Hawks' Huerter hosting fantasy football league for charity, weighs in on new offseason plan

While the NBA playoffs continue without the Hawks and as the NFL ramps up towards Week 1 in a few weeks, Hawks guard Kevin Huerter is at home in Atlanta, thinking about fantasy football.

He's always been a big fantasy football fan, playing with his friends from high school and family members, but this year, he's doing it for charity. Huerter will host the Huerter Conference league that fans can join through the Malcolm Brogdon Family Foundation, benefitting Hoops4Humanity, which provides clean water in Africa.

"I’ll be in the league with them, I’ll be competing against them. And again, it’s a great way to raise money and have fun and play fantasy football," Huerter told FOX 5 Sports.

Fans will have the chance to draft their own teams to compete directly against Huerter and other NBA stars like Atlanta native Malcolm Brogdon of the Pacers, Joe Harris of the Nets and George Hill of the Bucks. The league's private draft event will be held Sept. 1 via Zoom at 7 p.m.

Registration costs for the 13-week, head-to-head format NFL season support the cause of clean water in Africa, which is an even more critical need with COVID-19 raging.

Huerter said he has won leagues he's been a part of in the past before.

"I have really good years," Huerter said. "I’m never in the middle of the pack. I’m either really bad or really good. So I guess I've got to get more consistent."

But just because this league is for a good cause, doesn’t mean Huerter isn’t strategizing to win it all. And one of his go-to draft picks is a player Atlanta sports fans are pretty familar with.

"I’ve had Todd Gurley, who obviously is now with the Falcons, so I’ve had him the last couple years," Huerter said. "I’m a big Giants fan even though I root for the Falcons now, so I had Saquon Barkley last year. But yeah, really RB’s and WR’s are the type of people I go after."

While the NFL hopes its season goes off without a hitch outside of a bubble environment, the NBA's resumed season continues in the Orlando bubble.

As the playoffs continue, Huerter and the Hawks haven’t been able to do much but watch.

"I think a lot of people didn’t really know what to expect going into it, how the bubble was going to work, how the games would be, how it would exist without fans, but I think the NBA has done a great job putting it on," he said. "And the fact that there are no (positive) tests that have come out of it, nobody’s getting sick, the games have been able to go on and we’re almost through the first round of the playoffs, really can’t ask for much more. And as a player and also as a fan always watching the games, you just want to see sports, so the fact that the can put this on and a lot of people are making different sacrifices, but at the end of the day, we’re still getting NBA basketball."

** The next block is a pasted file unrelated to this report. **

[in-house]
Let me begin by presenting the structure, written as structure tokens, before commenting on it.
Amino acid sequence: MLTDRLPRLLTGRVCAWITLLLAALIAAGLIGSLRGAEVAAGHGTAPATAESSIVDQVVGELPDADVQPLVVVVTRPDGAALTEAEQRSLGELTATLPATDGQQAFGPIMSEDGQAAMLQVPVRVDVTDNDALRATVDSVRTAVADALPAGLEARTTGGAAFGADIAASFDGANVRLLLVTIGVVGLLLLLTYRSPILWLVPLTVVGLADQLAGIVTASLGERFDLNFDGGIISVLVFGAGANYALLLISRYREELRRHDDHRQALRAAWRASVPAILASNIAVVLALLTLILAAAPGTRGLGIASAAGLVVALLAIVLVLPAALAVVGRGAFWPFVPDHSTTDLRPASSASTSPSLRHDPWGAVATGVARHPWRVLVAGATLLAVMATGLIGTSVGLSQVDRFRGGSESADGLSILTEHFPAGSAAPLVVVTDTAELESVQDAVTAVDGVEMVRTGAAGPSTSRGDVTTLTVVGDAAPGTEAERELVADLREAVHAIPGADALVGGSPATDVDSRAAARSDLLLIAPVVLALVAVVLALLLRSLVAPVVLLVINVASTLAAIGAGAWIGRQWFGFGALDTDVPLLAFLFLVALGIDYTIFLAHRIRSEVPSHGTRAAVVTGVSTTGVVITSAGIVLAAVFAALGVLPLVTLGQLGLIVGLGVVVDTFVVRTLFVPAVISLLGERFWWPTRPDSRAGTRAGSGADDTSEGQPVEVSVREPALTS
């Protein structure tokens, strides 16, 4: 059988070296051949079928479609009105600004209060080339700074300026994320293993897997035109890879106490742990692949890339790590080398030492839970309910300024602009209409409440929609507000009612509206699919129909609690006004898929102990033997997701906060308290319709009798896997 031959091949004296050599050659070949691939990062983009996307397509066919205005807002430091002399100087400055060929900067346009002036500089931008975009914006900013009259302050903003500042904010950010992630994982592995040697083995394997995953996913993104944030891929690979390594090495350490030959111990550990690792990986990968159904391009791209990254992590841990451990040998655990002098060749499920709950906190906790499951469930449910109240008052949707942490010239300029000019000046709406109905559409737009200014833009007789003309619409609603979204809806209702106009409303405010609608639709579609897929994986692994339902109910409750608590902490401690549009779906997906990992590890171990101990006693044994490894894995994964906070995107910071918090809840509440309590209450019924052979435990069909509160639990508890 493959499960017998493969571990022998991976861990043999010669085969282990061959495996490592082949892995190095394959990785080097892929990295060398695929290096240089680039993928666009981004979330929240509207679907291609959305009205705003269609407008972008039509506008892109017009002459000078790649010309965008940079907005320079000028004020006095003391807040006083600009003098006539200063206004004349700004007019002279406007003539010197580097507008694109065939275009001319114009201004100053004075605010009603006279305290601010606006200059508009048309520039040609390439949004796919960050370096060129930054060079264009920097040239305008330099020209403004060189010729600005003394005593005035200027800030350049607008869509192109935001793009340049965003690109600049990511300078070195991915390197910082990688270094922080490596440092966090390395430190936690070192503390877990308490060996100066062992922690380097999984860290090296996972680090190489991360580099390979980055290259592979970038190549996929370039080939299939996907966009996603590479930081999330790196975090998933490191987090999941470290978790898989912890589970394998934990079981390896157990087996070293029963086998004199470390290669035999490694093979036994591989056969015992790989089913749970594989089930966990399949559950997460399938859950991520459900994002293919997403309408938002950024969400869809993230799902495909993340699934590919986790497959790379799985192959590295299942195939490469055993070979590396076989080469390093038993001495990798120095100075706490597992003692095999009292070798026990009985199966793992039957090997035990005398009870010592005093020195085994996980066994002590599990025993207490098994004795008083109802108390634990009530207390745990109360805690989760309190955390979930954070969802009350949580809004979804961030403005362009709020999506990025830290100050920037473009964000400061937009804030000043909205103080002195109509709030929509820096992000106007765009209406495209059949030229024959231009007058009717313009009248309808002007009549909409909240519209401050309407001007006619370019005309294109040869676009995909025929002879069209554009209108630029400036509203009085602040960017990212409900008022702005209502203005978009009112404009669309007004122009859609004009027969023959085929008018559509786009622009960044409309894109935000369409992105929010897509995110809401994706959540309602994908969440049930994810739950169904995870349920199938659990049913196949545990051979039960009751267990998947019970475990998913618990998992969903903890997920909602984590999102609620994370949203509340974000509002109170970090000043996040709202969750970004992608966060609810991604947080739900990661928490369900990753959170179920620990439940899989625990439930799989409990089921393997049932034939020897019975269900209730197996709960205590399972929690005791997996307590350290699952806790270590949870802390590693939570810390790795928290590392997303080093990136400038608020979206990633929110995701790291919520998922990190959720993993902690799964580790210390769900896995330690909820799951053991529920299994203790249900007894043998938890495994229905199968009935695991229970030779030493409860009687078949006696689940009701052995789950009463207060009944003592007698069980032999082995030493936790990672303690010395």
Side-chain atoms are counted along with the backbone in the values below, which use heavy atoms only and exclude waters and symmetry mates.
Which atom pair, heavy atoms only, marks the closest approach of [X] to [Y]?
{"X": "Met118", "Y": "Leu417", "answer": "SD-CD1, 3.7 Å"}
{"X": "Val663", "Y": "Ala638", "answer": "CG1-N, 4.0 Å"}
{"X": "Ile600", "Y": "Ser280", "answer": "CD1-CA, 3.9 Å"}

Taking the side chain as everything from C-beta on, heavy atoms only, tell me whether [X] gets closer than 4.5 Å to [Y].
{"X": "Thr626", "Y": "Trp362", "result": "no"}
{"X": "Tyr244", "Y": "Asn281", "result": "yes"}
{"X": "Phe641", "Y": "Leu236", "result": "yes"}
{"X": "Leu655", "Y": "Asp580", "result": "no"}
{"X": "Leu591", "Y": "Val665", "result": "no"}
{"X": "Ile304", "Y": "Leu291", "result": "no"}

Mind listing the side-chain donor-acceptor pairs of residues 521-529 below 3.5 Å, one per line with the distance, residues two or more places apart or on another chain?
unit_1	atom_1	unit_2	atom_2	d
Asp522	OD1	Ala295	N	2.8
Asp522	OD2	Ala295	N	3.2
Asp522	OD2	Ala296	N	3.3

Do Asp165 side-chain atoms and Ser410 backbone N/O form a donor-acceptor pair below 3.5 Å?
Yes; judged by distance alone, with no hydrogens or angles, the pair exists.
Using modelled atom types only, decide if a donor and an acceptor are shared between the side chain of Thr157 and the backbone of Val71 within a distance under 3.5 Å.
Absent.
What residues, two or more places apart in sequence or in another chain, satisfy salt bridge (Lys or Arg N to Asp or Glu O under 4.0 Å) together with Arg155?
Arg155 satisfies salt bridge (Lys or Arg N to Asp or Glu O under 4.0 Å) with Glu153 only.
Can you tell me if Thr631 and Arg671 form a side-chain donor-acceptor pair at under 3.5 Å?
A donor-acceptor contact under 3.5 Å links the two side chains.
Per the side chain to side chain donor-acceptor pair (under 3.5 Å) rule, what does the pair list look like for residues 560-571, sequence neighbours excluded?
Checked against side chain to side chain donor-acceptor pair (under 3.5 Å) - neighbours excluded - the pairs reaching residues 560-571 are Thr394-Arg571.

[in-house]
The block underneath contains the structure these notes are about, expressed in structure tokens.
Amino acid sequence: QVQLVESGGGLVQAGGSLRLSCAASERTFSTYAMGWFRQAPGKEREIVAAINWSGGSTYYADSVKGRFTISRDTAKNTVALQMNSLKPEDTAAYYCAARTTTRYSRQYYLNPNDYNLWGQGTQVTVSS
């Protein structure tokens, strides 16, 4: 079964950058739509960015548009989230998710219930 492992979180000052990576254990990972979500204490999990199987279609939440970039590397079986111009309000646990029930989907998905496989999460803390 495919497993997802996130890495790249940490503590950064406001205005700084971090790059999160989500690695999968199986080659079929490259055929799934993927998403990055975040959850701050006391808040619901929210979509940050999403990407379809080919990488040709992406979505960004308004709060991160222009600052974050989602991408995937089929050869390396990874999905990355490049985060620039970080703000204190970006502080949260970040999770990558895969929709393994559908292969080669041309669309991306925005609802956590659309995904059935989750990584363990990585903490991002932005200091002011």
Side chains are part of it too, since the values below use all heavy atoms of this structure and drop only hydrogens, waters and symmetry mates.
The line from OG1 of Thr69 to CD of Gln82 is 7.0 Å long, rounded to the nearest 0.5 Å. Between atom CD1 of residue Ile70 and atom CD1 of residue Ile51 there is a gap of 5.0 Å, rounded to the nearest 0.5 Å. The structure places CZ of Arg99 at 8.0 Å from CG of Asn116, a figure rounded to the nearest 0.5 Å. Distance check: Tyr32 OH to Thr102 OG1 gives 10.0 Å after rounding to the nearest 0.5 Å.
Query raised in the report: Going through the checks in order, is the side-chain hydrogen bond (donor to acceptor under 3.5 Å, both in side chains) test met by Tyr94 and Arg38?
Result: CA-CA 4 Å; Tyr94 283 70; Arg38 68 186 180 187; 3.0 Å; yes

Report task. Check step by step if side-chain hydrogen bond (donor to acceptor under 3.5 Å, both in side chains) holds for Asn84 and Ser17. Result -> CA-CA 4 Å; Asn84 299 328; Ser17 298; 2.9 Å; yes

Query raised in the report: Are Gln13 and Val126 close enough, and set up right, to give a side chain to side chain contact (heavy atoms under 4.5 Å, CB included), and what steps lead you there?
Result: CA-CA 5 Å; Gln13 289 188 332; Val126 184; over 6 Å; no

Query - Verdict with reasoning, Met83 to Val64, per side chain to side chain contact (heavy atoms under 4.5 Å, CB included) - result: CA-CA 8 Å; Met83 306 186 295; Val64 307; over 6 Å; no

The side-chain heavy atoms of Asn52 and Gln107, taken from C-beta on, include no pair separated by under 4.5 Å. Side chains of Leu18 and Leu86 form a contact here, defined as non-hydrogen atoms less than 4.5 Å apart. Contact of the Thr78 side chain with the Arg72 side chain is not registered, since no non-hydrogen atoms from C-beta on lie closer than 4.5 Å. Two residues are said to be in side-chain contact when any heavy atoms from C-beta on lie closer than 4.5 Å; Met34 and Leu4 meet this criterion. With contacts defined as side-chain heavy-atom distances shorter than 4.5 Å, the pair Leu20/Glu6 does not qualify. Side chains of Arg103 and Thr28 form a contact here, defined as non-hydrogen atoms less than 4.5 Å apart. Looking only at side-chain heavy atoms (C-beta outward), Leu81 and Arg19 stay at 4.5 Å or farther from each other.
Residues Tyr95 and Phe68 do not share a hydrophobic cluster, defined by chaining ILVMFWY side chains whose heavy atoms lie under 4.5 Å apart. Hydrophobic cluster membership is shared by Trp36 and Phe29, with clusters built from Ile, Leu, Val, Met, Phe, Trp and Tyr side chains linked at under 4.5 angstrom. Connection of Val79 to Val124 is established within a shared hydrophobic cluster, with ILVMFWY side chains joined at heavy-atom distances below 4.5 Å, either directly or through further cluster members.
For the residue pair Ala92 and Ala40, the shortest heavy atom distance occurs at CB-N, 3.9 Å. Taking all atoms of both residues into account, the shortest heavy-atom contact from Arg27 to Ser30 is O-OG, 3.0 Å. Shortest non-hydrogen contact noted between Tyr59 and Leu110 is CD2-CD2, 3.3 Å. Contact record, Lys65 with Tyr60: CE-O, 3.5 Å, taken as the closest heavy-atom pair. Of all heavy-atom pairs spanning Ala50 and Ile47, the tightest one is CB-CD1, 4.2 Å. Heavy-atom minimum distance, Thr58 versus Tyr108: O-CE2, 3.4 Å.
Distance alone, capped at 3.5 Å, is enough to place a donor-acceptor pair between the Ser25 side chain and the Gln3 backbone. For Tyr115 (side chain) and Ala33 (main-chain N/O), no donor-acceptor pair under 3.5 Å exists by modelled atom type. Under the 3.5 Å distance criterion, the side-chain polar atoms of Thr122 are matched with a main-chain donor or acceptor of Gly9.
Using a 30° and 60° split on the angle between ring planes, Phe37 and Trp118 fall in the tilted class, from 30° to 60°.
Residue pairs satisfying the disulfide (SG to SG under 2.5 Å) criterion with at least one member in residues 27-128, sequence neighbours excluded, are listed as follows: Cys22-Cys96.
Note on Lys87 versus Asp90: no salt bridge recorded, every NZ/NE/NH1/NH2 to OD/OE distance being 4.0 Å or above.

Left out of the season's resumption, the Hawks haven’t hit the court together since play stopped in mid-March, with just limited individual workouts permitted at the team facility.

Last week, the NBA rolled out a two-phase plan for the Hawks and the seven other teams that didn’t qualify for the season restart in Orlando, beginning with voluntary individual workouts Sept. 14-20, with daily COVID-19 tests.

"To be honest, it was a little bit surprising just because for the longest time we didn’t think we’d get anything," Huerter said. "A lot of our owners and front office and players have been pushing to get something going, so at this point in the offseason, we honestly didn’t expect anything to come out of it, so the fact that we get something and can get everybody in the gym at the same time, is definitely going to be really beneficial."

Phase 2 will be after that, until Oct. 6, when teams must facilitate a "campus-like environment," a bubble-type setting that Huerter is in favor of.

"The bubble works," he said. "I know safety is a big priority especially among players figuring out ways to stay safe and keep your family safe, so we’ve seen the bubble work for hundreds of people, so we think we can make it work for less than 50 people for our team."

Huerter says the opportunity to continue working together is huge for the Hawks young squad.

"Any time you’re getting young guys playing NBA games playing against NBA competition, it’s another opportunity to get better, and unfortunately we missed out on that opportunity, so we kind of got to generate it ourselves," he said.